COVID-19: RSPCA takes more than 3,000 calls over Christmas as charity feels strain of 'busy year'

·2-min read

More than 3,000 calls were made to the RSPCA between Christmas Eve and Boxing Day as the charity copes with increased demand during the ongoing pandemic.

The latest figures are a slight drop compared to last year (23%), but officers have felt the strain during the busy period amid the COVID-19 crisis, taking 44,748 calls between 1 and 27 December.

Herchy Boal is an RSPCA inspector based in the West Midlands.

On a cold December morning, she waits for the police to arrive to let her into the home of a man who has passed away the day before.

She has been contacted because there's a cat inside the house. She calls the man's daughter to ask for more details about the animal and to gain permission to take it to a shelter and rehome it.

The man's daughter explains that because she lives over a hundred miles away, she hasn't been able to visit to collect the cat. She says his name is Tiger and agrees that Ms Boal should find a new home for him.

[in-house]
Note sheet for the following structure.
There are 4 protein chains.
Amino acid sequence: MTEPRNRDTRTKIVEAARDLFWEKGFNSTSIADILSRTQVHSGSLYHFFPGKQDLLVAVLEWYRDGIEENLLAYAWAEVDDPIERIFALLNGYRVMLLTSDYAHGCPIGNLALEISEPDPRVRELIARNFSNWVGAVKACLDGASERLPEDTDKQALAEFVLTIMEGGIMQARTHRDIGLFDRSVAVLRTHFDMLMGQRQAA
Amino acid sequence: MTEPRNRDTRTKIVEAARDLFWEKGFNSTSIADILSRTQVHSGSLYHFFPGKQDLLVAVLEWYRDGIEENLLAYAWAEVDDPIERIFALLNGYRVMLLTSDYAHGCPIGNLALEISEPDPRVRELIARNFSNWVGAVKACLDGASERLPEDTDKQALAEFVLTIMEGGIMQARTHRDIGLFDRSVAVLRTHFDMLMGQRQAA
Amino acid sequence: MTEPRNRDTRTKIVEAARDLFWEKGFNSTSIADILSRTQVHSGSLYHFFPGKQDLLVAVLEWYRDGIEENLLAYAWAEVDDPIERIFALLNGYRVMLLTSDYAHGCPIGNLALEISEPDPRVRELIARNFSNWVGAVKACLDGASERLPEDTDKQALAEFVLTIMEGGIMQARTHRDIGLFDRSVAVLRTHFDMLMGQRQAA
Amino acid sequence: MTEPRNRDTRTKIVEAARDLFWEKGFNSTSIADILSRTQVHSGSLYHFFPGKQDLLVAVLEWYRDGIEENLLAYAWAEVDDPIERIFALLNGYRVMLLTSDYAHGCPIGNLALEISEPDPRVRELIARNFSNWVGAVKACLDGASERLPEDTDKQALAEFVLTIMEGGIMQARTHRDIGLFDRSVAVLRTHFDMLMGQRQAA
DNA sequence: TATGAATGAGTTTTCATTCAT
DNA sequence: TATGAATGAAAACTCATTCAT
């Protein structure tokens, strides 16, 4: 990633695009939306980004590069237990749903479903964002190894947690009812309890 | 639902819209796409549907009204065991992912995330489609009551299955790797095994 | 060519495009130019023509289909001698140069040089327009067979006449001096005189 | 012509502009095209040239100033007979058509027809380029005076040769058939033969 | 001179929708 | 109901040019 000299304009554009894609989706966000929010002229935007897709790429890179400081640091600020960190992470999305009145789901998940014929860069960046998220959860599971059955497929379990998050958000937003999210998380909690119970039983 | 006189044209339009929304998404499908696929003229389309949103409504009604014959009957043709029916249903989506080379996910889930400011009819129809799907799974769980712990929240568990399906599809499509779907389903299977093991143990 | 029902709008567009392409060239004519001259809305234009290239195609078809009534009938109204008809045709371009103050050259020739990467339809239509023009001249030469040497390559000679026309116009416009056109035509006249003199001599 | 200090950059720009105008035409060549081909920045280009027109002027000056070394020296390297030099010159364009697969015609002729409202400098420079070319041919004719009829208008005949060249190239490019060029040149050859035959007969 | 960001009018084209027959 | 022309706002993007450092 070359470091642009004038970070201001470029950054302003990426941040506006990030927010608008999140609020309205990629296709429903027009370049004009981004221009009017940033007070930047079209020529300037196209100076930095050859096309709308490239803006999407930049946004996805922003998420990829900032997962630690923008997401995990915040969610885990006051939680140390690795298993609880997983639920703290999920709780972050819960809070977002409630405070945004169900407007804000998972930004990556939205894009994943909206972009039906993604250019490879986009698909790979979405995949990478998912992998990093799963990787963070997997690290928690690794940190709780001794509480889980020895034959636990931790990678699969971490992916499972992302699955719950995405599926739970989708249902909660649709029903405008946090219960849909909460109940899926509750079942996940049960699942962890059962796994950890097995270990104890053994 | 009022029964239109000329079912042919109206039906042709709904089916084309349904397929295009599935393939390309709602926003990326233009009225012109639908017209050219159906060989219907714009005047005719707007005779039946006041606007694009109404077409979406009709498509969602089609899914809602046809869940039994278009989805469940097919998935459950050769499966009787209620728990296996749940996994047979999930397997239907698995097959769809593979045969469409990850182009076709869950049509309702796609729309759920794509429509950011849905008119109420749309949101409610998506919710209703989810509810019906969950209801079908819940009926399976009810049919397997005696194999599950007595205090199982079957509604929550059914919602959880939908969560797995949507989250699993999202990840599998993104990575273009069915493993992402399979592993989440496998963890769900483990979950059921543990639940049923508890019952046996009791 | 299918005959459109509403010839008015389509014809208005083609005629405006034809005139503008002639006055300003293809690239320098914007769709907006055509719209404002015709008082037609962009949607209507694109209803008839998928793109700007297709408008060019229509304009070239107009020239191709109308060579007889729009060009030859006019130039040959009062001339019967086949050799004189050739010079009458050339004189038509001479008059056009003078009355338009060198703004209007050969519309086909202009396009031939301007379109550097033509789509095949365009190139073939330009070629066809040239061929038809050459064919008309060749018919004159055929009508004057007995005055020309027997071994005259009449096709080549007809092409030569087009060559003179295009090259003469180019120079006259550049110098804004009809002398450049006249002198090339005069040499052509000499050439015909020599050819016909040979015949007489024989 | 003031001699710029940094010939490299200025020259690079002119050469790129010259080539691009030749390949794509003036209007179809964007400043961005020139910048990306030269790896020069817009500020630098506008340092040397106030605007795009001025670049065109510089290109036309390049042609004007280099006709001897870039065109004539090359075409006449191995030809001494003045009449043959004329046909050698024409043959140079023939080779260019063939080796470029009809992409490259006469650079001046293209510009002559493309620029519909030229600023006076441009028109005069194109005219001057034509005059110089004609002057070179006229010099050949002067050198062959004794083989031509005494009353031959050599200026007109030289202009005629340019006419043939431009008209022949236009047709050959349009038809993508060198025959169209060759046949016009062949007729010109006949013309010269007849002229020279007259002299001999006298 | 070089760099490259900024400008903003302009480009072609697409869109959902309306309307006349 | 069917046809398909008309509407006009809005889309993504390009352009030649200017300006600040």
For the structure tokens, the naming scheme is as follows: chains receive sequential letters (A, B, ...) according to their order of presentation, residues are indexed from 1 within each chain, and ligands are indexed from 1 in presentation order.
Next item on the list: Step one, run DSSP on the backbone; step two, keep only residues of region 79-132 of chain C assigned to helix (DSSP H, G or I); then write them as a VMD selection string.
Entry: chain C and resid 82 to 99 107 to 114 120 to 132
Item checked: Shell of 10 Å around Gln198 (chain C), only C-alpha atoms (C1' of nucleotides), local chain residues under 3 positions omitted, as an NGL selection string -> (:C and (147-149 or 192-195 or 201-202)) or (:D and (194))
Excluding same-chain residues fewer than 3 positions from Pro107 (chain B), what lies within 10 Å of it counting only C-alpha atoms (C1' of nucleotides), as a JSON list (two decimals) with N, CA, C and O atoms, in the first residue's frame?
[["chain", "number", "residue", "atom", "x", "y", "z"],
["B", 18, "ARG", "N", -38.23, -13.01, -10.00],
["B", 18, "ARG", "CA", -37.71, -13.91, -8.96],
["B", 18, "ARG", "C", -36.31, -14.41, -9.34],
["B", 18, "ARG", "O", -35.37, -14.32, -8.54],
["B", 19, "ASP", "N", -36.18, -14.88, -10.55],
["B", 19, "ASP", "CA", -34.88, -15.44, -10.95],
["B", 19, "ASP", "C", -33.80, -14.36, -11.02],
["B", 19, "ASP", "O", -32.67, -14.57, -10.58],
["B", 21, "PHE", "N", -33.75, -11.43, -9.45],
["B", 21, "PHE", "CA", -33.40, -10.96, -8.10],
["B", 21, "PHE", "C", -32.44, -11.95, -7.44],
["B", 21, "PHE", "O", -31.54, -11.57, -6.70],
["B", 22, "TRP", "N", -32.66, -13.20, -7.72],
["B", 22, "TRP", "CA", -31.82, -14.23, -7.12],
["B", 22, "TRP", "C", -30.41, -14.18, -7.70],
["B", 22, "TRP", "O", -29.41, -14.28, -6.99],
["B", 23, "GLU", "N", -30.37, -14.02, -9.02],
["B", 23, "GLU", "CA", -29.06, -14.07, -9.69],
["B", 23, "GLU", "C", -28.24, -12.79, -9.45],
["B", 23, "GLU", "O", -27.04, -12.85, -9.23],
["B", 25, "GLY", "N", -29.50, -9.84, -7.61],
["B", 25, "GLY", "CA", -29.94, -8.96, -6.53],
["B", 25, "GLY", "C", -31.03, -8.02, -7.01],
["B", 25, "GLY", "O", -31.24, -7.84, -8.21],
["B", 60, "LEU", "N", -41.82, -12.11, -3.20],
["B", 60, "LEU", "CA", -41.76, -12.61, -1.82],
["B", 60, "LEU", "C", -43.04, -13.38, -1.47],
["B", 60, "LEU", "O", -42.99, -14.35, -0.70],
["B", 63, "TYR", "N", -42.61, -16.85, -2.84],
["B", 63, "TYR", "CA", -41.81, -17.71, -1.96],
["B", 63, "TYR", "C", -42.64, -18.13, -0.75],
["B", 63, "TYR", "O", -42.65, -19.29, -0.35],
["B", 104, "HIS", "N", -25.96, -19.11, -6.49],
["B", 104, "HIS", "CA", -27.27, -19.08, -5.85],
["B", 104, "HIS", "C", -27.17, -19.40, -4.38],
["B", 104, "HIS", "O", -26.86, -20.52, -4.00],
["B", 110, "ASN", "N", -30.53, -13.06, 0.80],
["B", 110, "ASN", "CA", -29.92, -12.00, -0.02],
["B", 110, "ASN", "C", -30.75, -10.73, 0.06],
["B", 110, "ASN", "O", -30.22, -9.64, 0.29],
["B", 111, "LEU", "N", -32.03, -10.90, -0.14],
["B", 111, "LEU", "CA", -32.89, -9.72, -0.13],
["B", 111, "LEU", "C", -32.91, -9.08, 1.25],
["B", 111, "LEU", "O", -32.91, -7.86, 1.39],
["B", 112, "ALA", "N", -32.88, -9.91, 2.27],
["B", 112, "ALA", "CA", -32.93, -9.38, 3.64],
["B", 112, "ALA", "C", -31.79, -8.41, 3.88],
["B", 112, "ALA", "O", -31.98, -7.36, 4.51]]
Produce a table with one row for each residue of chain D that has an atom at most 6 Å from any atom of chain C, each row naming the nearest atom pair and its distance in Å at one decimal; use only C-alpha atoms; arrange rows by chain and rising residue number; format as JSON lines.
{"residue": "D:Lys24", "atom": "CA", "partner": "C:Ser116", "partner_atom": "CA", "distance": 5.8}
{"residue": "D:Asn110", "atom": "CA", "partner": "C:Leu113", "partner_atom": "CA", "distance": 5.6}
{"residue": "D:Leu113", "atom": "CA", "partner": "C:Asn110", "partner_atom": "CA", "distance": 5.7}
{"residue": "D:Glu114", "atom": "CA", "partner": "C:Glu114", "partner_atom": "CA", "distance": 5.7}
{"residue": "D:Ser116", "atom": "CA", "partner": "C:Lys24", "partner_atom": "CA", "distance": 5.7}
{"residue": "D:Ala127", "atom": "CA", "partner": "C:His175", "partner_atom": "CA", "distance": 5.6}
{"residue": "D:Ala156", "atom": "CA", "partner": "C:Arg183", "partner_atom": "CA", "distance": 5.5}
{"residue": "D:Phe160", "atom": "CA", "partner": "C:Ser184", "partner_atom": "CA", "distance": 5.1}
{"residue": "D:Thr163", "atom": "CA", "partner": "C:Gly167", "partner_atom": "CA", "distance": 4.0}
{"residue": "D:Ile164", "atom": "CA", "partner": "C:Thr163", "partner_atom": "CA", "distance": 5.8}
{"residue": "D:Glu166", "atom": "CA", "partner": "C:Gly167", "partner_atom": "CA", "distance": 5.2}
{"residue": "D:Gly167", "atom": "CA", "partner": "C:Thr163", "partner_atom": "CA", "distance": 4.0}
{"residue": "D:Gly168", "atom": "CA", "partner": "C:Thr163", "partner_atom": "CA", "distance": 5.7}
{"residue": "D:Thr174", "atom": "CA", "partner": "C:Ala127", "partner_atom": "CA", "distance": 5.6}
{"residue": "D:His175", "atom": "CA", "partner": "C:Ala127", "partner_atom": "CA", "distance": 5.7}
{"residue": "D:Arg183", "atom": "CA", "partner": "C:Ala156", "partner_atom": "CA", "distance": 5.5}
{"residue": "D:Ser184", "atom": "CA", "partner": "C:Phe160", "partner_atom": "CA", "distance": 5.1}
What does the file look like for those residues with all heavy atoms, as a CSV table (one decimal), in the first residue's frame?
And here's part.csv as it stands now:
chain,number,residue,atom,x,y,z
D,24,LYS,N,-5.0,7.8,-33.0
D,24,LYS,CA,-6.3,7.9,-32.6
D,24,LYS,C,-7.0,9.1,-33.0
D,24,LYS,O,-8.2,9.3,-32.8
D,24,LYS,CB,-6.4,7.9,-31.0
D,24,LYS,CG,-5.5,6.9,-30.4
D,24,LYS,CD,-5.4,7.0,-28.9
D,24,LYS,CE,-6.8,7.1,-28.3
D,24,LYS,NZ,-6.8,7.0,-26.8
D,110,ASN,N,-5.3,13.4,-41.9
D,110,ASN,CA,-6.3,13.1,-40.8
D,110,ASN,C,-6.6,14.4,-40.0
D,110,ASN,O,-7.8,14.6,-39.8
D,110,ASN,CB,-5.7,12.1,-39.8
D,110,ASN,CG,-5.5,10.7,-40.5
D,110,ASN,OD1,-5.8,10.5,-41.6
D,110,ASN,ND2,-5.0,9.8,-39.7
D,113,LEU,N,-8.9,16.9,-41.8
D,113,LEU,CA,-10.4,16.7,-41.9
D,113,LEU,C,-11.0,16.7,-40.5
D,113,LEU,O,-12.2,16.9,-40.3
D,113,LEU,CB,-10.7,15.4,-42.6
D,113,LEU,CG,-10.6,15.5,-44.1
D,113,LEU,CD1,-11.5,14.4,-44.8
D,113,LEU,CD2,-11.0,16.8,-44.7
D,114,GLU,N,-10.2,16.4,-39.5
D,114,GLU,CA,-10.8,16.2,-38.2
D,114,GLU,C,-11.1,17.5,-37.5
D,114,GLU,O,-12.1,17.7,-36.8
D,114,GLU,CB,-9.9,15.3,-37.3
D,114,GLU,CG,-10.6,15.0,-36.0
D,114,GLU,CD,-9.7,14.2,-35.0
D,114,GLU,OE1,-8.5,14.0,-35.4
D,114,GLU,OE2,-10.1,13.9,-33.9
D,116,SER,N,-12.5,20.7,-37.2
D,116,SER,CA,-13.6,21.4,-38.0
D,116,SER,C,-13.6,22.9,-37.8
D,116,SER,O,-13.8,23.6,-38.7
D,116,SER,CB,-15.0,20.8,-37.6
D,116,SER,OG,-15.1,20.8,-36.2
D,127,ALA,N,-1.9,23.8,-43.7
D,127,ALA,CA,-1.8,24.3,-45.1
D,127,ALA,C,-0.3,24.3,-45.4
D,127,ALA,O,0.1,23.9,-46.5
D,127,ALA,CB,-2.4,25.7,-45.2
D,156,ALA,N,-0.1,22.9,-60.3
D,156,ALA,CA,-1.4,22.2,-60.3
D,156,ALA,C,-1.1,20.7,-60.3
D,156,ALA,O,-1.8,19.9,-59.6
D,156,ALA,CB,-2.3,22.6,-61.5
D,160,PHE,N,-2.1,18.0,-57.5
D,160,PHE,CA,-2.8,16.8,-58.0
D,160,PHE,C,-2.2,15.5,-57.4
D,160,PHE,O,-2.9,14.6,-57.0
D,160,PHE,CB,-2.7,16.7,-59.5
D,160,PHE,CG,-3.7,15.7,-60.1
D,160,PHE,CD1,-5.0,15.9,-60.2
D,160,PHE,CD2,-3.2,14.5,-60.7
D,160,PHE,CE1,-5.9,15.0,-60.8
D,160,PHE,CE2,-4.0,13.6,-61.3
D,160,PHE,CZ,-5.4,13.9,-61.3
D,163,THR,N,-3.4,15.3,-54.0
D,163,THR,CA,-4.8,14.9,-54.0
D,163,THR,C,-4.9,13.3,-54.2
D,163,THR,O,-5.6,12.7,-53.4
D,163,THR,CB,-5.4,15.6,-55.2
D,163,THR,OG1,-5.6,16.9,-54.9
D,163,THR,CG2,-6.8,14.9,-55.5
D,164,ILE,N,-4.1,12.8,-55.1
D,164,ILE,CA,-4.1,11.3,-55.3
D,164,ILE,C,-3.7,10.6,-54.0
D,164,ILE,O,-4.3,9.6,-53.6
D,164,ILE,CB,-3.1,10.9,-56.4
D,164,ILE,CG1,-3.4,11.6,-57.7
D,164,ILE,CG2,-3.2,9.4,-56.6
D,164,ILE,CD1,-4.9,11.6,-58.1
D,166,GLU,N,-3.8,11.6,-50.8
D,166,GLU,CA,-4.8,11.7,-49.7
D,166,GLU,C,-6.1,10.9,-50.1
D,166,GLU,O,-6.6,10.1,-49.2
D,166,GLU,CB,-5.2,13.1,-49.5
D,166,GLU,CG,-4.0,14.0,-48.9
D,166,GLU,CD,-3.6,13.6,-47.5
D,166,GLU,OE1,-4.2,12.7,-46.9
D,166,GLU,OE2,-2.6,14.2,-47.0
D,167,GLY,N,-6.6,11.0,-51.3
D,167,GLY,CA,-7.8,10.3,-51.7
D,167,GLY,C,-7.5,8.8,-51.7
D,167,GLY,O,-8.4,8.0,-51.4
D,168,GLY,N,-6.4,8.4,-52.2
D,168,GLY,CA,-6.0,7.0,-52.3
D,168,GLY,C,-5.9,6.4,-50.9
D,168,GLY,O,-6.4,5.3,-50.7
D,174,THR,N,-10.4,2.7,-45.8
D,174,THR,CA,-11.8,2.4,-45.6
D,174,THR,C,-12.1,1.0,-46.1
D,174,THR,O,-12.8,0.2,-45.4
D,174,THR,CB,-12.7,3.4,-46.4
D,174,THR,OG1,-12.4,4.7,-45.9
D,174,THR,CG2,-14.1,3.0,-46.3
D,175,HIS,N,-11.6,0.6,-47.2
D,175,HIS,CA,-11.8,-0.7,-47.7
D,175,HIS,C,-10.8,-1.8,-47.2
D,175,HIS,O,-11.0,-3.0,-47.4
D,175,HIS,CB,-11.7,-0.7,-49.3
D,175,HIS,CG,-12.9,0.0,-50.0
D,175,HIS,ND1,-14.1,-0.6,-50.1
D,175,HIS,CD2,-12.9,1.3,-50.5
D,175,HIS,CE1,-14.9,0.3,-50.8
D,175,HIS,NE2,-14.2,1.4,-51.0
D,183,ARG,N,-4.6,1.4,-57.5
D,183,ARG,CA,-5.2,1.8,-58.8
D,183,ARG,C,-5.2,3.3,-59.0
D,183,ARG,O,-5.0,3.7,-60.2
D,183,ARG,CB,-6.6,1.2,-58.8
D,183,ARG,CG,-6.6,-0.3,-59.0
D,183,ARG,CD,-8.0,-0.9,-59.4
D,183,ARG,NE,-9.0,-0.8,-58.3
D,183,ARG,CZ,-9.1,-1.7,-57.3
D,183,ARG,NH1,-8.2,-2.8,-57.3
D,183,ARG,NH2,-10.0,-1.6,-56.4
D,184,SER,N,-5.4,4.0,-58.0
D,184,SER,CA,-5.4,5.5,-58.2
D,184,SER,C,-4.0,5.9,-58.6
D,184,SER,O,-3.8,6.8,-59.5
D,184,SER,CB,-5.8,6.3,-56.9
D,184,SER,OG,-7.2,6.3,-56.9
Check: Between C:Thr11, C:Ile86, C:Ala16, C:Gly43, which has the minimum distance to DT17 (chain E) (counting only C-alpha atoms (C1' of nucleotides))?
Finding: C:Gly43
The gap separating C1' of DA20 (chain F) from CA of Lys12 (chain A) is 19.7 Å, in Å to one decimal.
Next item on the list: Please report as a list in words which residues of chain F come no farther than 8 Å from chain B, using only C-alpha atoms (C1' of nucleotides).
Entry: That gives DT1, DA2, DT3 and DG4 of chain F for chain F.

Sadly, this kind of call out isn't unusual for RSPCA.

"We've actually seen a real rise in those calls since the whole of this year with COVID," says Ms Boal.

"We've done a lot of work with situations like this where people have either gone into hospital or they've passed away and there isn't any family or next of kin.

"The lockdown has had a real effect on that with people not being able to travel, or go to each other's houses or do anything."

Tiger is taken to an RSPCA shelter in Birmingham, checked by a vet and placed in a cattery.

Charlotte Collier who works in the cattery says it's been a busy year, with many people having to give up pets due to health or financial problems.

And she doesn't think it's getting any easier for people.

"I think for people financially, with the crunch of Christmas, I think next year is going to be the hardest," she says.

There are 50 dogs at the centre. Zeena was rescued from a home where she wasn't being looked after properly.

Dog handler Keeran Cadman hopes she'll find a new owner soon but it hasn't been easy this year.

"Obviously with everything going on we haven't been rehoming as many as we normally would," he says.

Snuggled up asleep in a corner of the cattery are kittens Cinnamon and Eggnog, named because of the festive season they were born into.

They, like all the other animals at the shelter, can only wait until someone decides to offer them a home.